As described above, FBT is based in several main therapeutic principles for intervening with eating disorders that are applicable across the child and adolescent age range and clinical presentations. To review, these principles include the following: no focus on etiology of the disorder, no blame of parents or affected child for causing the disorder, encouraging parents to be responsible for behavioral change in eating disorder symptoms in their children, and explicit and almost exclusive focus on behavioral change in eating disordered behaviors early in treatment, and deferring of other developmental issues or problems until the eating disorder symptoms have largely abated. The specific therapeutic interventions associated with these principles include:
- empowering parents by education, support, and affirmation;
- separation of the eating disorder from the patient (externalization);
- engendering appropriate levels of anxiety in parents to motivate them to take action; and,
- providing supportive, consultative, and practical reflections about parental efforts to disrupt eating disordered behaviors.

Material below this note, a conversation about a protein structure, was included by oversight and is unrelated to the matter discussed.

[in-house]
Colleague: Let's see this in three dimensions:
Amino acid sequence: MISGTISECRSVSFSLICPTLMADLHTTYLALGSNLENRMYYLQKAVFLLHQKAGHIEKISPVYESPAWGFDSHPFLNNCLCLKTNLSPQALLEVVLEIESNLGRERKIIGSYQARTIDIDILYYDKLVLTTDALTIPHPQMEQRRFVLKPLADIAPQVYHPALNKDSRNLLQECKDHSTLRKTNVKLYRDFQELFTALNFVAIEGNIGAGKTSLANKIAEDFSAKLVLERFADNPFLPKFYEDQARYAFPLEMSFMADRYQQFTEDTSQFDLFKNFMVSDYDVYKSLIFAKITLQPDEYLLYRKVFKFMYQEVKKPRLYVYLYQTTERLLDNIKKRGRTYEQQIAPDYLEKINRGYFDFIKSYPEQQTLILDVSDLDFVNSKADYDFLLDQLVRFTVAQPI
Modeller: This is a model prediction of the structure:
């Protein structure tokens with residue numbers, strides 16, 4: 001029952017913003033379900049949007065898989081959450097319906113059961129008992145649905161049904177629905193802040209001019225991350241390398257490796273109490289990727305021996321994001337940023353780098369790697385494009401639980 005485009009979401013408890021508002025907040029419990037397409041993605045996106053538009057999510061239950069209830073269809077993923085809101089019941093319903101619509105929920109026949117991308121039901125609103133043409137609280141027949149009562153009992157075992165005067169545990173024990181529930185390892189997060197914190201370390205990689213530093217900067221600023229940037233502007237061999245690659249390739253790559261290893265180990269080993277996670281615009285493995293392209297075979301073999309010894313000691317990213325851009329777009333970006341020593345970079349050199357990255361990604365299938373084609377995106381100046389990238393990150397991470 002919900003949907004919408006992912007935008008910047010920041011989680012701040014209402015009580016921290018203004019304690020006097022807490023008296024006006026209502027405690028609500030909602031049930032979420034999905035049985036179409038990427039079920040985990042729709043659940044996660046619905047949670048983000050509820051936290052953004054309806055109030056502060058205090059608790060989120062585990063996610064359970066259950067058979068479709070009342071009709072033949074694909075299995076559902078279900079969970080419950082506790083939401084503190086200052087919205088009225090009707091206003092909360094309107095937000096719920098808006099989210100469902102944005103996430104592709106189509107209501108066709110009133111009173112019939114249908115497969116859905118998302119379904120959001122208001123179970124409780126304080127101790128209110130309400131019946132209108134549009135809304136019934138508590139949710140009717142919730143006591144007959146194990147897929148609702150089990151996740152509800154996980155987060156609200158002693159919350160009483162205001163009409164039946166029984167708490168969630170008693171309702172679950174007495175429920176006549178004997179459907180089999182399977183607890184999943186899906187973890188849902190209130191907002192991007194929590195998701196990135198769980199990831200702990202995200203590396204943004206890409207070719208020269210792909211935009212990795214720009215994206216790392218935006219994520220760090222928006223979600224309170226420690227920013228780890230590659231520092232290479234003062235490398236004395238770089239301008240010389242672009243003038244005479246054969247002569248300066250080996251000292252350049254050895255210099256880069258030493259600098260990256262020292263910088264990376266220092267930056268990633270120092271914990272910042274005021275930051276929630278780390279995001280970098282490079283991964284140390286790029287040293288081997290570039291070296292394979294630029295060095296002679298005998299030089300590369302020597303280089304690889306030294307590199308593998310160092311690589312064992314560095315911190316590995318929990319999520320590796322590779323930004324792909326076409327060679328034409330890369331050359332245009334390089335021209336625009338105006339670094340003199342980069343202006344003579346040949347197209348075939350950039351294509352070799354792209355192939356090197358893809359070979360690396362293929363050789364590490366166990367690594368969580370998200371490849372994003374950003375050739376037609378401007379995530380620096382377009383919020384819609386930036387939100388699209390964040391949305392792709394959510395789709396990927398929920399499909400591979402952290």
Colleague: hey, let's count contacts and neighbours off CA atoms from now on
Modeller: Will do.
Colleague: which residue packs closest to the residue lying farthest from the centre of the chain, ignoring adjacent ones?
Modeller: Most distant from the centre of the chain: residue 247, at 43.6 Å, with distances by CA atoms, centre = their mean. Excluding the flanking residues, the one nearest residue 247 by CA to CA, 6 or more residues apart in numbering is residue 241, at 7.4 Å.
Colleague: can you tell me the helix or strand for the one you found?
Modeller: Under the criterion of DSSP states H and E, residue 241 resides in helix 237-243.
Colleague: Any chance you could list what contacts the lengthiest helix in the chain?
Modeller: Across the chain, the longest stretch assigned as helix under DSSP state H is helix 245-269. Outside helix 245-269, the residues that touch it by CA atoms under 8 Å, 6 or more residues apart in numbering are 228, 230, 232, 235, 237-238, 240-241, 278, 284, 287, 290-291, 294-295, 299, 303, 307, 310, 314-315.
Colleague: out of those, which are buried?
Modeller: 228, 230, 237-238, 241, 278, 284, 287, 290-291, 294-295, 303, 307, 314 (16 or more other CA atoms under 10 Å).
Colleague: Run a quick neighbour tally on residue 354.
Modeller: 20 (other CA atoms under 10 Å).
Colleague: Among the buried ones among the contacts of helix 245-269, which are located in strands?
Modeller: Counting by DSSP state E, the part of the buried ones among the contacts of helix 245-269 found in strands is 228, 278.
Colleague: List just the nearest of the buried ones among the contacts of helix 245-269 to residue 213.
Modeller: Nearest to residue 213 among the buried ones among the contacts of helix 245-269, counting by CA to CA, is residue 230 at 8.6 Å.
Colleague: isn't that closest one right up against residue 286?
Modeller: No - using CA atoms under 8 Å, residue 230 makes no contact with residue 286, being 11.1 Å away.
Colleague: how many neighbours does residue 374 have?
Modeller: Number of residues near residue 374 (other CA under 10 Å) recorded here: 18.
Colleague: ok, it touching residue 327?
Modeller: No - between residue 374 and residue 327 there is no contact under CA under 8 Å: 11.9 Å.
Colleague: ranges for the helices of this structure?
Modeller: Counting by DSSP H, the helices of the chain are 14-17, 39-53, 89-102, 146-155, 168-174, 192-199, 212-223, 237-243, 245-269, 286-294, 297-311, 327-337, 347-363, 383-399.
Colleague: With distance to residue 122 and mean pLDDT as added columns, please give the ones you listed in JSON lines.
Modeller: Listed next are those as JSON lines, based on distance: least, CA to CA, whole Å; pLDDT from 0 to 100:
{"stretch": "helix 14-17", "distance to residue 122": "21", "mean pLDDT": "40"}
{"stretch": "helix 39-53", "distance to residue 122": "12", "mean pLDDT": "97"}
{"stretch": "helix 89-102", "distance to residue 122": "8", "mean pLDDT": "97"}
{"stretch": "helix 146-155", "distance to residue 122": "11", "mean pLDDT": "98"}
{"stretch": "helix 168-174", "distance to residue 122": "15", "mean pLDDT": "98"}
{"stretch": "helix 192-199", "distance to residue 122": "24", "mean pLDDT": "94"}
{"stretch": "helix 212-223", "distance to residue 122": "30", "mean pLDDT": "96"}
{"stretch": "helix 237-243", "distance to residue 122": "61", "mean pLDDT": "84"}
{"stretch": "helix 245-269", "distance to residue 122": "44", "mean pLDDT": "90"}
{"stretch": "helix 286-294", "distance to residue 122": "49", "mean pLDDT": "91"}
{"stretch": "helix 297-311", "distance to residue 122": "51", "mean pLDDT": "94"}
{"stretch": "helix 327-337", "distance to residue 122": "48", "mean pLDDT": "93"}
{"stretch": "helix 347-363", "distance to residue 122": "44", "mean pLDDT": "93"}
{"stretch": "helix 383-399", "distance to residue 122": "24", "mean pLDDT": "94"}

The key tenets of FBT are adhered to and remain relatively uniform for FBT across ages and eating disorder diagnoses (i.e., AN, BN and EDNOS). However, the application of these principles and the interventions associated with them vary somewhat according to developmental stage and primary presenting symptoms. For example, FBT’s flexible adherence in terms of these key tenets is perhaps best demonstrated around the issue of parental empowerment. For AN, parental empowerment will imply that parents take charge of weight restoration with no input from the adolescent on this issue; for BN, parental empowerment implies a much more collaborative arrangement in that the adolescent’s direct cooperation is solicited and encouraged; for EDNOS, parents are also empowered to get a handle on the eating disorder symptoms, but the period of their involvement in this process might be less intensive and time consuming than typically is the case for AN or BN. Put another way, the same skills parents have to master in order to encourage their offspring to eat more than they would wish to (as for AN), are to be employed in supporting regular healthy meals while curtailing binge eating and purging (as for BN). Therefore, it is parental efficacy that is bolstered through FBT and implemented in practice, but tailored toward the adolescent’s specific symptom profile depending on their diagnosis.